It is time once again to comb the bookshelves for your go-to picture books. Since this is my third year, I was clueless as to what books to highlight. I approached my shelves wondering what could be my focus for this year? In the past, I’ve shared the books that I just love and have to use, but this year something different happened as I began pulling books.
I discovered that each book sparked a writing idea for me. Hence my theme was born. It may be the topic or perhaps the structure that sparks an idea. I hope you will discover something that sparks an idea for you.
The books are listed in alphabetical order by author.
First up is A Is for
Apple Musk Ox by Erin Cabatingan. The zebra is writing an alphabet book but musk ox has perfectly good reasons why each letter is for musk ox. Sample: “Gg is for goose musk ox. Because musk oxen eat grass. And live in Greenland.” This book has great vocabulary and more facts about musk oxen than you ever thought you might need to know.
What’s Your Favorite Animal? by Eric Carle and Friends would be perfect for developing opinion writing. Fourteen illustrators draw their favorite animal and explain why. Did you know that Jon Klassen’s favorite animal is a duck? He likes to watch them walk around.
The End by David LaRochelle really takes cause and effect to the extreme. Sample: “The knight fell in love with the princess because . . . she poured a big bowl of lemonade on top of his head. She poured a bowl of lemonade on top of his head because . . .” If you want to know the answer to that, you will need to find this book.
Together by George Ella Lyon is a beautiful poem about a special friendship. The rhyming couplets and repeating refrain are worthy of multiple readings. Sample: “Let’s put our heads together and dream the same dream.” Isn’t that what we want our students to do?
My No, No, No Day! by Rebecca Patterson is a situation that almost everyone can relate to. Bella’s day begins badly and it continues its downward spiral all day. Sample: “Yesterday I woke up and Bob was crawling round MY ROOM licking MY JEWELRY. . .” Now that’s the start of a terrible day!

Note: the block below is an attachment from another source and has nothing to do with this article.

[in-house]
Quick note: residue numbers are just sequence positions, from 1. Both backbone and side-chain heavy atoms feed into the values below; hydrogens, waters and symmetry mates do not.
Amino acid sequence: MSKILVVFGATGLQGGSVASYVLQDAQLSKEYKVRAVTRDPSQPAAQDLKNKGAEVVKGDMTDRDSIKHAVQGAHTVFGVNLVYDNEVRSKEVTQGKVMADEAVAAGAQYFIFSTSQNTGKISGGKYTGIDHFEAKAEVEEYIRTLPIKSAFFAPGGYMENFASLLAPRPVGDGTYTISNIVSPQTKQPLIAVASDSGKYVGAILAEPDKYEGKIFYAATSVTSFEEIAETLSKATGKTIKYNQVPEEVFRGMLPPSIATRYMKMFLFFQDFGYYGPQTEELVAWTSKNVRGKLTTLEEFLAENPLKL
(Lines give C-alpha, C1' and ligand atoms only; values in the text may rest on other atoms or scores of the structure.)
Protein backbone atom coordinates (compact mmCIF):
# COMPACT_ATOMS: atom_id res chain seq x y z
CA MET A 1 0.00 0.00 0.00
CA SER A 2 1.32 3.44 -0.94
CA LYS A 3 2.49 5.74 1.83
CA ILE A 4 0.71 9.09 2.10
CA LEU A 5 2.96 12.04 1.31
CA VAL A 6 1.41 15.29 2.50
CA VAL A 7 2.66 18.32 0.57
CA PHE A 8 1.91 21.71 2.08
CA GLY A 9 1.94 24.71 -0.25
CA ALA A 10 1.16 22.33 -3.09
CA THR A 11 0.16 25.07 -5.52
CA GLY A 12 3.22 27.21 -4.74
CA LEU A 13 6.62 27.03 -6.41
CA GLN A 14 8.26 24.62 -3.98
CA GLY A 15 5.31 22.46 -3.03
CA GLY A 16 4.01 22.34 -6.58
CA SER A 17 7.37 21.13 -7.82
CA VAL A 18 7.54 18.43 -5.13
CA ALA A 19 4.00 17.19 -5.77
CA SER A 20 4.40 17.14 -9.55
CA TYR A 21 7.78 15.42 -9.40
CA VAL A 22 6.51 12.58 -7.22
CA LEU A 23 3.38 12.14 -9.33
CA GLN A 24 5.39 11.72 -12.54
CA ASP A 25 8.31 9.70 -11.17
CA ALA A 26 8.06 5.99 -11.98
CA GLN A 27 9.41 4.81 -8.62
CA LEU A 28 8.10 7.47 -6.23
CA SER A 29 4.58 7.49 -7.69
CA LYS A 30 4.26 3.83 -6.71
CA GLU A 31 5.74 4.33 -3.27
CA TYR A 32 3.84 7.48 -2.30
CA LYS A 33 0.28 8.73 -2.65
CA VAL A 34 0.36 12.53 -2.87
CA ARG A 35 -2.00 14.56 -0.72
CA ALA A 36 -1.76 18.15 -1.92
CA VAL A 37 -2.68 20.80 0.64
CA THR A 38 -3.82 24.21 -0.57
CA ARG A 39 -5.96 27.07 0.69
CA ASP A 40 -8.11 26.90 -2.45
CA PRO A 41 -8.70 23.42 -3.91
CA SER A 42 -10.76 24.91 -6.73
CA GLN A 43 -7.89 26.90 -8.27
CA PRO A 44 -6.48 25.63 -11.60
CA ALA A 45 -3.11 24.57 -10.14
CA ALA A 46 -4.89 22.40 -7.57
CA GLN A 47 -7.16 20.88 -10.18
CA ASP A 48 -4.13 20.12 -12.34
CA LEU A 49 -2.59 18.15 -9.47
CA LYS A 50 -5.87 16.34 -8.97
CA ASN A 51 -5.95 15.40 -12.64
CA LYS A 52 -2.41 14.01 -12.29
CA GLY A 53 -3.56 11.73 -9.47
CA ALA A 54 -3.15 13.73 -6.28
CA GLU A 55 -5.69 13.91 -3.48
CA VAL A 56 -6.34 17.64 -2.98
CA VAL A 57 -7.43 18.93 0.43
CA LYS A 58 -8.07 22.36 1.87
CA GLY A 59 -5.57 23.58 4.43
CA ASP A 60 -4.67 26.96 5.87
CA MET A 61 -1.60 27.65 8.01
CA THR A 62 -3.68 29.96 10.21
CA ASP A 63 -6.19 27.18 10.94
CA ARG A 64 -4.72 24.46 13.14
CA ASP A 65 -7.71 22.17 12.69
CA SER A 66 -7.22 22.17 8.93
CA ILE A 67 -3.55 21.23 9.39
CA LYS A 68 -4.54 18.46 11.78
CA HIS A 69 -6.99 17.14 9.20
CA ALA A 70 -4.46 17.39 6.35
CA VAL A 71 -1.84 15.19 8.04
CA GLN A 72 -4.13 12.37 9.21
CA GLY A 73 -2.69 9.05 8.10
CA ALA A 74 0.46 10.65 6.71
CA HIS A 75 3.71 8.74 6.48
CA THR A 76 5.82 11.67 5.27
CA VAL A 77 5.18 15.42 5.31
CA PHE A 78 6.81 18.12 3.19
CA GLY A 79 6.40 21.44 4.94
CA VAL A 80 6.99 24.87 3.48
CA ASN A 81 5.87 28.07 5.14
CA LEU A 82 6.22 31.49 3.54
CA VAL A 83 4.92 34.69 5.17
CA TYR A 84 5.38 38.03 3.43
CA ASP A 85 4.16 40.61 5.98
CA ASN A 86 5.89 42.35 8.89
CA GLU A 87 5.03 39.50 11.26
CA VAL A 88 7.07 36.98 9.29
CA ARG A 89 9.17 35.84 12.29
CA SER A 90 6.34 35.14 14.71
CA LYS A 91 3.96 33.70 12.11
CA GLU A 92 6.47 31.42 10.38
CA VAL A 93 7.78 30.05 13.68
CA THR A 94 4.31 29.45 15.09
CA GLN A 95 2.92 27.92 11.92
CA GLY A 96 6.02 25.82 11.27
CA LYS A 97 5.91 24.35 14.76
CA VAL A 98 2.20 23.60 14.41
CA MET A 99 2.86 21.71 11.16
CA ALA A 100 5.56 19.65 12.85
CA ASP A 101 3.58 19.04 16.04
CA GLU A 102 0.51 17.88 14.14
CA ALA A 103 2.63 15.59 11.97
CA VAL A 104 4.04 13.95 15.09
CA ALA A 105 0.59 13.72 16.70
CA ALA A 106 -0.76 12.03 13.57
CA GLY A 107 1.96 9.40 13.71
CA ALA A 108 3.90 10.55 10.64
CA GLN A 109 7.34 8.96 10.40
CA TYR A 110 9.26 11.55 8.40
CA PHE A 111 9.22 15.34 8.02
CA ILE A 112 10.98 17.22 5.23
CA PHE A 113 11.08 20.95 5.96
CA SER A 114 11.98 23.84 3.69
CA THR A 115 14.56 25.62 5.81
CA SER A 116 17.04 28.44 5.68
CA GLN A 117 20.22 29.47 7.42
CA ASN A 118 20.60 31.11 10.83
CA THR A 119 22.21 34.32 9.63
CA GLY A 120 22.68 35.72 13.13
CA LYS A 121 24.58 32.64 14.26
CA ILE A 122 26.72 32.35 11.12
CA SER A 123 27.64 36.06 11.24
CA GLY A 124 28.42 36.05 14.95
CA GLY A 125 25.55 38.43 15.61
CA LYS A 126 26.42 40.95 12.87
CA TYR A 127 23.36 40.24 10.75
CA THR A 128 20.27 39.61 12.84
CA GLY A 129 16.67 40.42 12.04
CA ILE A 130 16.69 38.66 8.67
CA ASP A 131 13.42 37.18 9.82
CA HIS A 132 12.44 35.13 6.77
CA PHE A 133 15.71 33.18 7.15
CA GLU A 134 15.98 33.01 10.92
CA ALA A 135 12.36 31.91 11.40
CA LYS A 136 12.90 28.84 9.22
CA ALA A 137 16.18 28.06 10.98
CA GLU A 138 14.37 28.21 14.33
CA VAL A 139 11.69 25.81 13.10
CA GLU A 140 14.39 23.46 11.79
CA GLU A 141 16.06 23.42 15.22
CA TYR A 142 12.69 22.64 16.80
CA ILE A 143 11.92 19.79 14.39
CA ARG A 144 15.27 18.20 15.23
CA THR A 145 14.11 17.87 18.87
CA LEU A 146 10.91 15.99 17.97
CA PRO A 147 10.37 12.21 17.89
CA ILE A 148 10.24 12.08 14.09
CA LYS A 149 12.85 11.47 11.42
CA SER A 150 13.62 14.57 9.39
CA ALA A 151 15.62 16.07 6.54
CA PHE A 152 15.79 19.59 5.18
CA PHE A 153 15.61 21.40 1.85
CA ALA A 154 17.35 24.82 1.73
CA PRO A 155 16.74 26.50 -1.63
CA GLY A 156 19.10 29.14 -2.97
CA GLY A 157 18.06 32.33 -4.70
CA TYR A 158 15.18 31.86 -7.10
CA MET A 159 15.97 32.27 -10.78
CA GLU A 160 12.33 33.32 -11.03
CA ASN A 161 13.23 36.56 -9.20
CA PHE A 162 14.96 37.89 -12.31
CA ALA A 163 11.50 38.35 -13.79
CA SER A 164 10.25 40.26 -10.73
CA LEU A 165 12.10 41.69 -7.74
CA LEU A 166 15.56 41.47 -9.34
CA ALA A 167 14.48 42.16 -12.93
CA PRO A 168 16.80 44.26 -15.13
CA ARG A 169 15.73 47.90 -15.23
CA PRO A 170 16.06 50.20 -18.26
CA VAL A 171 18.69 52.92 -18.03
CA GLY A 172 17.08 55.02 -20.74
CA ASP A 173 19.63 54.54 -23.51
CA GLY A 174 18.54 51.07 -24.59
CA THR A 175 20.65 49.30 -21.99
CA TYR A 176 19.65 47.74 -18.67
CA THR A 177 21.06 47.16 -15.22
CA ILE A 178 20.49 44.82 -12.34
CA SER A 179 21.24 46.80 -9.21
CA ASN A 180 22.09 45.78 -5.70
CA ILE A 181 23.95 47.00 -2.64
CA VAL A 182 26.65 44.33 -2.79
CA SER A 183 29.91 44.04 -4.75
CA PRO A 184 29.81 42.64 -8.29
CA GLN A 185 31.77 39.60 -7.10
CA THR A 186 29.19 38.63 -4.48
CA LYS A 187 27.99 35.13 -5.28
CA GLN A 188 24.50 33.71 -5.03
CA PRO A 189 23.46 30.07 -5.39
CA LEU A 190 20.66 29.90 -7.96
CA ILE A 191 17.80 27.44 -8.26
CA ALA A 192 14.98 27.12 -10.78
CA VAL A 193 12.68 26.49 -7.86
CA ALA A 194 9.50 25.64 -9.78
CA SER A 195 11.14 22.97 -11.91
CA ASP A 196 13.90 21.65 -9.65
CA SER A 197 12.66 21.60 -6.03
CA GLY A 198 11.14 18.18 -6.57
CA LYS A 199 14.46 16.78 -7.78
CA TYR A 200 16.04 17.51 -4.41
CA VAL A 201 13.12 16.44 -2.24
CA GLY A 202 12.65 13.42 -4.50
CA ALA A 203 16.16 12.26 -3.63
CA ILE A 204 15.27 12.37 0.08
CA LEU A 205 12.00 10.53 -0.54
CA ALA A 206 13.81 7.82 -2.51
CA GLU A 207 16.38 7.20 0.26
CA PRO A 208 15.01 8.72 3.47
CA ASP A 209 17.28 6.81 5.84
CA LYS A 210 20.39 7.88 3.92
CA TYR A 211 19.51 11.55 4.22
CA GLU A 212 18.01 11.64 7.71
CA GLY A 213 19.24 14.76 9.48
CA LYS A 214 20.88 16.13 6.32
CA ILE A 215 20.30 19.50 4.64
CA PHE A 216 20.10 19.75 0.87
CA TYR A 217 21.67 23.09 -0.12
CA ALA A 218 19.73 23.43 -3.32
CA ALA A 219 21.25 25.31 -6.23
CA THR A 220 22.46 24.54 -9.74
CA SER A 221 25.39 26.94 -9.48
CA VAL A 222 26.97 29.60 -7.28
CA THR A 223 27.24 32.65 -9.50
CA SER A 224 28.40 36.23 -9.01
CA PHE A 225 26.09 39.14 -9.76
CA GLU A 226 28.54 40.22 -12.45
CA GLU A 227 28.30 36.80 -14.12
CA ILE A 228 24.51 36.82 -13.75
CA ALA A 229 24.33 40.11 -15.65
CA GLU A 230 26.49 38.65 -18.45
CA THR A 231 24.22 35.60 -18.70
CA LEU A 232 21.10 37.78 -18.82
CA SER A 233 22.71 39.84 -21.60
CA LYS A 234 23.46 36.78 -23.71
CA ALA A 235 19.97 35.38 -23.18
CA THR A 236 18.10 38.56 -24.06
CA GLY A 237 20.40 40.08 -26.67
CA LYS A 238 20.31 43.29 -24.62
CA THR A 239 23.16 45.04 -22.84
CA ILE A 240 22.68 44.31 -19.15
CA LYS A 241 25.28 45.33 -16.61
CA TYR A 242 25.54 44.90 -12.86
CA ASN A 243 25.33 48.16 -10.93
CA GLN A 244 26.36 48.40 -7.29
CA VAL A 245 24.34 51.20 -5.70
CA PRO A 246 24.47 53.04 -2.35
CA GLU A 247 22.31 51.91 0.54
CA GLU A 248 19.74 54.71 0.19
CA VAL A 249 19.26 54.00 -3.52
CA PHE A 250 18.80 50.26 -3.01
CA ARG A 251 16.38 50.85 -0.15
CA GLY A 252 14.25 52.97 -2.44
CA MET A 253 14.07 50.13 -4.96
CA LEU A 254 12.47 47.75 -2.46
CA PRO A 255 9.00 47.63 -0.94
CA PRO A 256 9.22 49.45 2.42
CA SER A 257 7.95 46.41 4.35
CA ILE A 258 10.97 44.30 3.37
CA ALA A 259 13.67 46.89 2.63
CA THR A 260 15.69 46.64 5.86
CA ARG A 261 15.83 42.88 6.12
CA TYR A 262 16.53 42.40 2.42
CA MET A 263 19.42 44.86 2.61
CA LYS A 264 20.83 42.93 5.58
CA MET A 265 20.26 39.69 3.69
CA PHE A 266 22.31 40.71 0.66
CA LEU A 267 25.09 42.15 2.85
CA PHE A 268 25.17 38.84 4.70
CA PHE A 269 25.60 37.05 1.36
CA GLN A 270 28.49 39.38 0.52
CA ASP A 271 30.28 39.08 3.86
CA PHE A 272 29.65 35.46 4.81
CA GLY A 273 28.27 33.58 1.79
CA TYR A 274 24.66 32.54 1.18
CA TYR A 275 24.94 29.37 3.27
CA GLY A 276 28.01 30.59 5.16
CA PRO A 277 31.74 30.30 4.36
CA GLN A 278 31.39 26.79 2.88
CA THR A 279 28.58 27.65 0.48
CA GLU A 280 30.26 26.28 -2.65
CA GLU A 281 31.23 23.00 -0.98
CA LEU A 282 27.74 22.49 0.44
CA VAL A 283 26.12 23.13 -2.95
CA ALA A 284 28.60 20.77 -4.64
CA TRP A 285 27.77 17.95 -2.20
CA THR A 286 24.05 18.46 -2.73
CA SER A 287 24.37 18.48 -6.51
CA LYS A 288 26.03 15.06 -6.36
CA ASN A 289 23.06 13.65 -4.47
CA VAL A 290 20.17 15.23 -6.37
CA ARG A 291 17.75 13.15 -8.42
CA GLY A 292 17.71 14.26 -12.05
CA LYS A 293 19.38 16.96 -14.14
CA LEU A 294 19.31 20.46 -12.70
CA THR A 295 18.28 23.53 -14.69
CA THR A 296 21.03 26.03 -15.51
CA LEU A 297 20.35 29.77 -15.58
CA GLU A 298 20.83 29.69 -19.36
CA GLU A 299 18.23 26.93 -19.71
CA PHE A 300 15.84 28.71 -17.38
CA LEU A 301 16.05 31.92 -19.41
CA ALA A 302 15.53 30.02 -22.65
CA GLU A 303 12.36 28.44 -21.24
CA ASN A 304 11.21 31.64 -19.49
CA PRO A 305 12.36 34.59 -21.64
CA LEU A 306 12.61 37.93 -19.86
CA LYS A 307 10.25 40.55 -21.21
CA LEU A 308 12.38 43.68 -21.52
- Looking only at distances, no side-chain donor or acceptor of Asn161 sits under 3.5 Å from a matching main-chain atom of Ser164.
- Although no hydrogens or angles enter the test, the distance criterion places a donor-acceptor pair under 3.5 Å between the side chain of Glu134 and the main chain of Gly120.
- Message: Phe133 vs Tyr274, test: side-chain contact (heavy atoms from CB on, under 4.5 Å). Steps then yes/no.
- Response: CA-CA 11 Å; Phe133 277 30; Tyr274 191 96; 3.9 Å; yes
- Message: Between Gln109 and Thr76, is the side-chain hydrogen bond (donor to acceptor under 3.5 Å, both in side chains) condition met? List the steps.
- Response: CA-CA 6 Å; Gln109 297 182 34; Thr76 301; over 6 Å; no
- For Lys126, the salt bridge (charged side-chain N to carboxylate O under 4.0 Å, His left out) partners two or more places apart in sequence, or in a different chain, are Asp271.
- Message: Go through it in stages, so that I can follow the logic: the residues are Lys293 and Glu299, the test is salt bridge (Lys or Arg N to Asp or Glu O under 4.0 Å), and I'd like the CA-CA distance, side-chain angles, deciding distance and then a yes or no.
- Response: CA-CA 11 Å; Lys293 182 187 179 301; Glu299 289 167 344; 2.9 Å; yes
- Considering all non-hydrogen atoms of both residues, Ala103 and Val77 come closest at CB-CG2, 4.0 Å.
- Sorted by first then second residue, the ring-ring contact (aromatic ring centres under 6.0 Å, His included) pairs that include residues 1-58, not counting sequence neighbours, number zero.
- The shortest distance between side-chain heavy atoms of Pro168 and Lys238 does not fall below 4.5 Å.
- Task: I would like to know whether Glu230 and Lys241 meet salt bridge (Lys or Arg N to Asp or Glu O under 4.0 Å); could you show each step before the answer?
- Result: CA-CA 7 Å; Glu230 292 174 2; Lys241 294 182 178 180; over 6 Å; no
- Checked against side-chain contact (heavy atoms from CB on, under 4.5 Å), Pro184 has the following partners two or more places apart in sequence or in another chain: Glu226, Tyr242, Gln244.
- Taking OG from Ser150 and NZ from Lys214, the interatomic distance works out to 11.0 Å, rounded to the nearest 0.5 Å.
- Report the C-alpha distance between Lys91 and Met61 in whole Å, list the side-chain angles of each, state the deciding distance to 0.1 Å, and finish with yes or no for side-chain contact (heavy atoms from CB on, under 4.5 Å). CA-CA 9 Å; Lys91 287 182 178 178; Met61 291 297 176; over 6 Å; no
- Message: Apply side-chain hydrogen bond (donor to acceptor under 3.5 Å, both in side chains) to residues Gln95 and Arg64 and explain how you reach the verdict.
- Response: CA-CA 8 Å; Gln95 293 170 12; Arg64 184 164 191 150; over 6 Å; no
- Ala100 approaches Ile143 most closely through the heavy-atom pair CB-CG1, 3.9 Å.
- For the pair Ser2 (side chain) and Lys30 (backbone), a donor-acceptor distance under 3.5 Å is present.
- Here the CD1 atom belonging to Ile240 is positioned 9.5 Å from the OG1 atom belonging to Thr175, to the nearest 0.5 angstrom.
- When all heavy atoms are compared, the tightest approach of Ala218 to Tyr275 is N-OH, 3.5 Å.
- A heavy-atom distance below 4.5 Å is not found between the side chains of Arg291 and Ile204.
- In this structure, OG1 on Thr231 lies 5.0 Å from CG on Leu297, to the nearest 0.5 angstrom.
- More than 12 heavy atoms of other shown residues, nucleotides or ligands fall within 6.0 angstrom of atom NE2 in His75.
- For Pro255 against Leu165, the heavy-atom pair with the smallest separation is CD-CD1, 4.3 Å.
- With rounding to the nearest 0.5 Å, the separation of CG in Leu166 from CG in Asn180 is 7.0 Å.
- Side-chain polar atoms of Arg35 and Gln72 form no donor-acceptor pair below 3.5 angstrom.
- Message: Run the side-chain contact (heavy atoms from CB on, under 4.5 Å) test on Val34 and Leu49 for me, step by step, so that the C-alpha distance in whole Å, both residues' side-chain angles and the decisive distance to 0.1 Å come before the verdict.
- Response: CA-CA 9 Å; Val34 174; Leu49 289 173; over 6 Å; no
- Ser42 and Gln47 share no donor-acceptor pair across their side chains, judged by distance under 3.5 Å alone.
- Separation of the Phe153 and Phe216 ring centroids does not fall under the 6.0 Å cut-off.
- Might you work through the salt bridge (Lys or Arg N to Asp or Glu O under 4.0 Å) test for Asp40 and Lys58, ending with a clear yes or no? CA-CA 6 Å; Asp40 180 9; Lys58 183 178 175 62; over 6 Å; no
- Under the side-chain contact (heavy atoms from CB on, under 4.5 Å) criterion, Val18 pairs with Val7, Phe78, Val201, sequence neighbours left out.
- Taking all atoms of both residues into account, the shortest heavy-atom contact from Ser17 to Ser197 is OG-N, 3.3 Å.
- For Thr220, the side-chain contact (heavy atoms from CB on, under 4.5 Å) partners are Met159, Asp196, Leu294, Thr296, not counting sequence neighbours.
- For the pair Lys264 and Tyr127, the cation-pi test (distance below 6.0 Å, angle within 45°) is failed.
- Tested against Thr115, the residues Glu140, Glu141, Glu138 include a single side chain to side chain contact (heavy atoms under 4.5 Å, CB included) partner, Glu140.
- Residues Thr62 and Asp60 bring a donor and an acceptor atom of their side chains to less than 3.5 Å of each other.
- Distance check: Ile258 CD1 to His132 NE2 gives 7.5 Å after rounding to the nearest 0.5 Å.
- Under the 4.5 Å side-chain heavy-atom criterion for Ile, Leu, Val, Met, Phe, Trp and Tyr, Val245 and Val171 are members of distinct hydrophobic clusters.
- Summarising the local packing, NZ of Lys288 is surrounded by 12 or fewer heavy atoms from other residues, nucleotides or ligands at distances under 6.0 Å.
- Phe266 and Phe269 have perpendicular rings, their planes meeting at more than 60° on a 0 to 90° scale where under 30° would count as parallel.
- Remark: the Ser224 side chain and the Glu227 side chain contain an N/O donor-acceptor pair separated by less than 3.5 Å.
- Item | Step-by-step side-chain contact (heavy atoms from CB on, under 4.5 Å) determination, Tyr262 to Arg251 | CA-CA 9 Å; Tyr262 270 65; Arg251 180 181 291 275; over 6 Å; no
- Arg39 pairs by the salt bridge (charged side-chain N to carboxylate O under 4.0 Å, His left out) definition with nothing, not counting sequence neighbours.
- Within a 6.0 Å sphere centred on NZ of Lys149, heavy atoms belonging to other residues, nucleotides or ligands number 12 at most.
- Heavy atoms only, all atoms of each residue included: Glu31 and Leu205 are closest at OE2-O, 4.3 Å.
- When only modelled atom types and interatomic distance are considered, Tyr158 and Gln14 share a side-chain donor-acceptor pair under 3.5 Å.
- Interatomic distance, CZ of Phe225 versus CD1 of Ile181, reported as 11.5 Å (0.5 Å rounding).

No One Saw, Ordinary Things Through the Eyes of an Artist by Bob Raczka takes you on a journey into the art world. Sixteen pieces of art are shown. I love to show the picture and ask what do you think Bob Raczka said? The ending is a perfect beginning, “Artists express their own point of view. And nobody sees the world like you.”
What the Sun Sees by Nancy Tafuri is a double book because halfway through you flip it and you have the second part What the Moon Sees. A wonderful way to compare and contrast. Sample: “The sun sees bustling streets. The moon sees empty streets.”
Where I Live by Frances Wolfe has a hidden answer within the first letter of each two-line verse. The pictures are amazing! They are drawn from many different perspectives. The language of the text is beautiful. Sample: “Sunbeams sparkle like diamonds on water and gulls glide on morning breezes, where I live.”
Least Things, Poems About Small Natures by Jane Yolen makes you stop and notice nature. Yolen has used the format of haiku to bring each creature to life, then she gives additional facts in a sidebar. Her son was the photographer for each. Can you guess what the animal is from this haiku?
“I am green as grass,
Green as moss, miracles, morn,
Green as a moment.”
It is a lizard.
I, Doko the tale of a basket by Ed Young allows us to experience a lifetime and a lesson from the point of view of a basket. Students could take on the voice of an inanimate object as it observes their life.
I hope these titles and bits from the books sparked your interest.